24 3. Classification of patterns 24 This results in the error E p. The smaller the error E p, the closer the result of the neuron to the goal set by the teacher. Figure 3.7 .: Structure of the training of a perceptron neuron Various approaches can be followed to find the smallest error E p for a neuron. Considered using the example in Figure 3.7, two of these approaches are to be compared here: Brute force: In order to find the smallest error E p for the weights w 1 and w 2, all combinations of weight values ​​for the input data x 1 and x 2 compared. Figure 3.8 shows the number of possible combinations in a two-dimensional space. In order to find the smallest fault in this mountain of faults, all points must be run through and compared with one another. The search for the smallest error E p in the error mountain would take O (n 2) per iterative run per neuron. In a larger neural network, a neuron has significantly more weights that have to be adjusted. This would lead to a multi-dimensional feature space and take an O (n m) for a learning step, where m stands for the number of weights of the neurons. Gradient descent: Here the principle is followed to find a relatively small error in the error mountain in a given number of steps. This is not done by iterating through all possible weight combinations, but by taking a step from the current error (in the error mountain) in the direction

25 w 1 w 2 3. Classification of patterns 25 in which the descent is the steepest. There are several algorithms for gradient descent. One is the so-called backpropagation algorithm. In this work this approach for the search for the smallest error is explained because it is very often used in perceptron-neuron based neural networks for learning. More details are described in Chapter 4. E (w 1, w 2) Figure 3.8 .: Error mountains of a neuron with two input data and weights As can be seen in Figure 3.9, the backpropagation algorithm finds a very small error for the weights within a few steps. This can be used for any number of dimensions. With larger input data and dimensions, a large number of steps may be necessary to find a small error for the weights. In order to train an entire neural network with the help of the backpropagation algorithm, each neuron must be adapted from output layer to input layer, as shown in Figure 3.10. For this purpose, the actual output of the network is compared with the desired output and a difference vector is formed. This difference vector is required for the adjustment of all neurons. The adjustment of the weights begins in the output layer. From here the backpropagation algorithm works its way backwards through the network to the input layer and adjusts the weights of all neurons by a factor. The factor of change depends on the difference vector. The entire network structure is trained for each training set (consisting of input data and the desired result). After the workout, the network should

26 3. Classification of patterns 26 E (w 1, w 2) w 1 w 2 Figure 3.9 .: The gradient descent to find the smallest error with the backpropagation algorithm. Each red arrow represents an iteration of the gradient descent, which can be checked for accuracy with the help of a test set. It is important that the data from the test set was not used to train the network. In order to test the hit accuracy of the network, the test data need not have been known to the network beforehand.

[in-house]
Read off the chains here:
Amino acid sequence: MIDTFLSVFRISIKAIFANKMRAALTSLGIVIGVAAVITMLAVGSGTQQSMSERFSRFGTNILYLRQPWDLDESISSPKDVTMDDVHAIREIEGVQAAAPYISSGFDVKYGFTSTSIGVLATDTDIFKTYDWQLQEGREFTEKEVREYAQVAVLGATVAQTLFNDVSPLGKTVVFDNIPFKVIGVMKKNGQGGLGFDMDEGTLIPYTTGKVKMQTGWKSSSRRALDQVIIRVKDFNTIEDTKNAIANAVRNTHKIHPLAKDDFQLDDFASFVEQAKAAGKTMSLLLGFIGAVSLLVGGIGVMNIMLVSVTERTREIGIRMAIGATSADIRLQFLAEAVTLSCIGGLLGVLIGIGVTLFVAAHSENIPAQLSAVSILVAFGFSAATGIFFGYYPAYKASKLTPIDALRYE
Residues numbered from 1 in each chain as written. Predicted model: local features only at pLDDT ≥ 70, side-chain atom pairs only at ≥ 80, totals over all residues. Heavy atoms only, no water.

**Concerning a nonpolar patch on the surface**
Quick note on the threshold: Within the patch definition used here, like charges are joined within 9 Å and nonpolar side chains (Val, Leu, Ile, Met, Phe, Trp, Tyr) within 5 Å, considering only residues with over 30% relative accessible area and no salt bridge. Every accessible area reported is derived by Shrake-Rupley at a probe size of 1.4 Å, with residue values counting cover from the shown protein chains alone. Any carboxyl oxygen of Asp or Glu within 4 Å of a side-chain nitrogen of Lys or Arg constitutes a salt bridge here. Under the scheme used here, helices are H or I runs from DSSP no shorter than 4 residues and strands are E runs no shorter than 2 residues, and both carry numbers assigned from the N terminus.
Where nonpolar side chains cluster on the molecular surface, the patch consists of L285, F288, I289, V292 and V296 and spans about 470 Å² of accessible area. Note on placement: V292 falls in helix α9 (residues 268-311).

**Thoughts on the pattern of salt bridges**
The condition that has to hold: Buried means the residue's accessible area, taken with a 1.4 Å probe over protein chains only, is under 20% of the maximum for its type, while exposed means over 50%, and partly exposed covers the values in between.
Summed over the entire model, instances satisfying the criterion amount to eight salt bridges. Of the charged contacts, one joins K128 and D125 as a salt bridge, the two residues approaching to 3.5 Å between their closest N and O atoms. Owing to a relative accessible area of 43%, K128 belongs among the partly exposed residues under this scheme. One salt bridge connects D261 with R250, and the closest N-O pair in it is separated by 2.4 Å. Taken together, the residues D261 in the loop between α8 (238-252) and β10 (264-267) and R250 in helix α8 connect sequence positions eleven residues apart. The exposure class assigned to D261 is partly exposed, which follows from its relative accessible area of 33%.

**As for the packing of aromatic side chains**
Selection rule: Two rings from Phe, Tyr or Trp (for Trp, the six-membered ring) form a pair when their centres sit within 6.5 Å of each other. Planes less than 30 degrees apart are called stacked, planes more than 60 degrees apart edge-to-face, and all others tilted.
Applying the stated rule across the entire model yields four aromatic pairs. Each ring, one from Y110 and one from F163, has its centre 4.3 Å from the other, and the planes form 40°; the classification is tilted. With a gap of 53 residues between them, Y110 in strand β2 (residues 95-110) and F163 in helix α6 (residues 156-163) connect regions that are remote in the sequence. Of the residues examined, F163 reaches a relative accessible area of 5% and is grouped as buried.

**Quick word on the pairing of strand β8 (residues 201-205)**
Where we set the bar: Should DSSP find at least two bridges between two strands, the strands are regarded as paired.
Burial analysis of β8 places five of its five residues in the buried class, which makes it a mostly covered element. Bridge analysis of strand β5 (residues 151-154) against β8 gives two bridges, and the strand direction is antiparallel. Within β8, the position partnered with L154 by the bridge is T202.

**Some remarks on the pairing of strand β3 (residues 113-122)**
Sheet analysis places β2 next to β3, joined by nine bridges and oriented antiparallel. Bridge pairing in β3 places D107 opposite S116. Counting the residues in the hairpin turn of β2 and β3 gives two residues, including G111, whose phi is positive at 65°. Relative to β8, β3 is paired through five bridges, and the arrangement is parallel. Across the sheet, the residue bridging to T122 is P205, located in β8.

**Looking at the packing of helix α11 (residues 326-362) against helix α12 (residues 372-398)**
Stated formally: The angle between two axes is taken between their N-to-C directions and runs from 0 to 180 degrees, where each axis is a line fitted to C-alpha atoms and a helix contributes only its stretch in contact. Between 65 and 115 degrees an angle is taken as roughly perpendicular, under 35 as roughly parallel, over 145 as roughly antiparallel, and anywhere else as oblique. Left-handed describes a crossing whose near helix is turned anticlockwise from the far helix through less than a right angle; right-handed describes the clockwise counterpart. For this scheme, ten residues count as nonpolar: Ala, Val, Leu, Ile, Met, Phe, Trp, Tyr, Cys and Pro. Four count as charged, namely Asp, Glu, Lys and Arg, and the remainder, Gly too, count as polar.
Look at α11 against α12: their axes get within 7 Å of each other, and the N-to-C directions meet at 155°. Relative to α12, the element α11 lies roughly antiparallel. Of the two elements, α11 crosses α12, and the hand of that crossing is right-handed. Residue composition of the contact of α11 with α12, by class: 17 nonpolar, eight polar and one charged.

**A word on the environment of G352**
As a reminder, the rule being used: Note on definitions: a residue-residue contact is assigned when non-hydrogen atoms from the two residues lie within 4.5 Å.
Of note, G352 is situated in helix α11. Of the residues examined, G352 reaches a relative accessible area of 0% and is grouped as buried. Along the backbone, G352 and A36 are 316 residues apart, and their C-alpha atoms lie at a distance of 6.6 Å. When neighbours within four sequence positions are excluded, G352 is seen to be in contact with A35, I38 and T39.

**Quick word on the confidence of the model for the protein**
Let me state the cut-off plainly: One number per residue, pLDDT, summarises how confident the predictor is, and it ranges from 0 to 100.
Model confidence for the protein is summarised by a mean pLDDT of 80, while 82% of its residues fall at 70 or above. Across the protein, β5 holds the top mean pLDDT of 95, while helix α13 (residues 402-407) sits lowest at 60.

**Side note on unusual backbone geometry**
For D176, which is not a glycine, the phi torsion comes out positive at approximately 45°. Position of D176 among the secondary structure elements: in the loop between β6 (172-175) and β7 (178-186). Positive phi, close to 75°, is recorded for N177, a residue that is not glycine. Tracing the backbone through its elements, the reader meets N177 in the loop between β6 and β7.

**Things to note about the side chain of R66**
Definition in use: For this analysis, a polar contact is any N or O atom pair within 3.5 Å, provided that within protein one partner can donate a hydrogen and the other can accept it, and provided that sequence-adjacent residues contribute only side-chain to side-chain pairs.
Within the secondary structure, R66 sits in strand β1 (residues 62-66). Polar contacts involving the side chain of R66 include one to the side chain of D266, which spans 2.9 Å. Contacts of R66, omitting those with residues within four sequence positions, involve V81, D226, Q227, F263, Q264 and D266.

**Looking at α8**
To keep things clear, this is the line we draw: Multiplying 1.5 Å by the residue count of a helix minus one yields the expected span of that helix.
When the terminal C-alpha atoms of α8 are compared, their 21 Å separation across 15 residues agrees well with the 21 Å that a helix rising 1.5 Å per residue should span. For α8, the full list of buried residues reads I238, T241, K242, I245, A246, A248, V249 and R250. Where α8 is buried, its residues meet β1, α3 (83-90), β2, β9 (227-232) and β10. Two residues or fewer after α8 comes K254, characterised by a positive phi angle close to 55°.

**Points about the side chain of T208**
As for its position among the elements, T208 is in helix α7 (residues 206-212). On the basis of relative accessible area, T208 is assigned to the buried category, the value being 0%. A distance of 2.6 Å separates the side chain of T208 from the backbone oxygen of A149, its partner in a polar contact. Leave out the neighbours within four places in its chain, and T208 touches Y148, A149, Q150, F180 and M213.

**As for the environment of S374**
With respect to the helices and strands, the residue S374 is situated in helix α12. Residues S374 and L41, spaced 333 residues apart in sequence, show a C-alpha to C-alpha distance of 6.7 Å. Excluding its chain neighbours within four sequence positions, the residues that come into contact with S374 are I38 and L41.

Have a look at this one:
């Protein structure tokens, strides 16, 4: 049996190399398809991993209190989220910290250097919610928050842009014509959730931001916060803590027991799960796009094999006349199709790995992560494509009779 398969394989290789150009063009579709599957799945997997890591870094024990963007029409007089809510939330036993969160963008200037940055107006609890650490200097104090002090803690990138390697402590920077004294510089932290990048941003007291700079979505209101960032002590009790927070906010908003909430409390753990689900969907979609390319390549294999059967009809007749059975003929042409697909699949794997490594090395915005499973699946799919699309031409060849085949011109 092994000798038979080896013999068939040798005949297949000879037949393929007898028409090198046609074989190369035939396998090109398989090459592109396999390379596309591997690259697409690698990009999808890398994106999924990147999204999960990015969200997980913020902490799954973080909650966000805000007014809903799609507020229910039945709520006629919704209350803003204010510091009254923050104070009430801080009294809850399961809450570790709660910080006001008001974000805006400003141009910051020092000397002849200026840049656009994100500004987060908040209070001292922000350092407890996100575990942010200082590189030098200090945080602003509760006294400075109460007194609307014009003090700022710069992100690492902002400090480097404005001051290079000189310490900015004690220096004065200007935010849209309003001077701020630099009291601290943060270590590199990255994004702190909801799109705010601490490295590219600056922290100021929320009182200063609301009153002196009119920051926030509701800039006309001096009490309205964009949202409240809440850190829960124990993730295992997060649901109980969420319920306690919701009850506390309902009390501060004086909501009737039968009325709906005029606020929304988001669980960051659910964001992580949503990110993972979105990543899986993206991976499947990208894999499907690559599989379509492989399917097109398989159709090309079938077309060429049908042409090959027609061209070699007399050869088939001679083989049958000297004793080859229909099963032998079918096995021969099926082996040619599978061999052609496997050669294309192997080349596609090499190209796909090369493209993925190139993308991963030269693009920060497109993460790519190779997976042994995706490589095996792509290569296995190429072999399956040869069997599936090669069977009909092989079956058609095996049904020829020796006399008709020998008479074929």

27 3. Classification of patterns actual result desired result difference vector 0 Figure 3.10 .: Applying the backpropagation algorithm to an entire network 3.2. Principal Component Analysis Principal Component Analysis is a statistical method that is used to reduce and simplify extensive data sets. Data with many dimensions can be compressed using principal component analysis. The number of dimensions of the data is reduced without losing the distinctive pattern in the data. The reduced parts of the data are unnecessary for the recognition of the pattern. This technique turns out to be very efficient, especially in combination with neural networks, since the smallest possible input vectors increase the speed and recognition rate. Analysis Principal component analysis is about finding features from a set of recorded data. These features become main components or eigenvectors

28 3. Classification of patterns 28 called. Main components found that are minor for the information content of the data could be reduced. A main component is based on the data on various factors. Principal components are calculated iteratively from data. Figure 3.11 shows a point cloud in which ten points with three values ​​each x, y, z are represented in three dimensions. The main components are determined in a similar way to the solution of a linear adjustment calculation [32]. The calculation results in a straight line that approximates all points as well as possible.Figure 3.11 .: Point cloud [21] with its first main component - a straight line that approximates all points. The next main components must be orthogonal to the previous one and go through its center. You can only calculate as many principal components as the data set has dimensions. After the main components of a data set have been calculated, they serve as a new Cartesian coordinate system, as shown in Figure 3.12. The new axes (the main components), on which the data is oriented, map new value ranges, which are put together from the old value ranges of the axes with different weightings [28]. This can be illustrated with an example. In the original coordinate system, a point has the values ​​y = 15, x = 120, z = 47. In the new coordinate system, based on the main components, the values ​​are composed of r = y, h = x, t = z.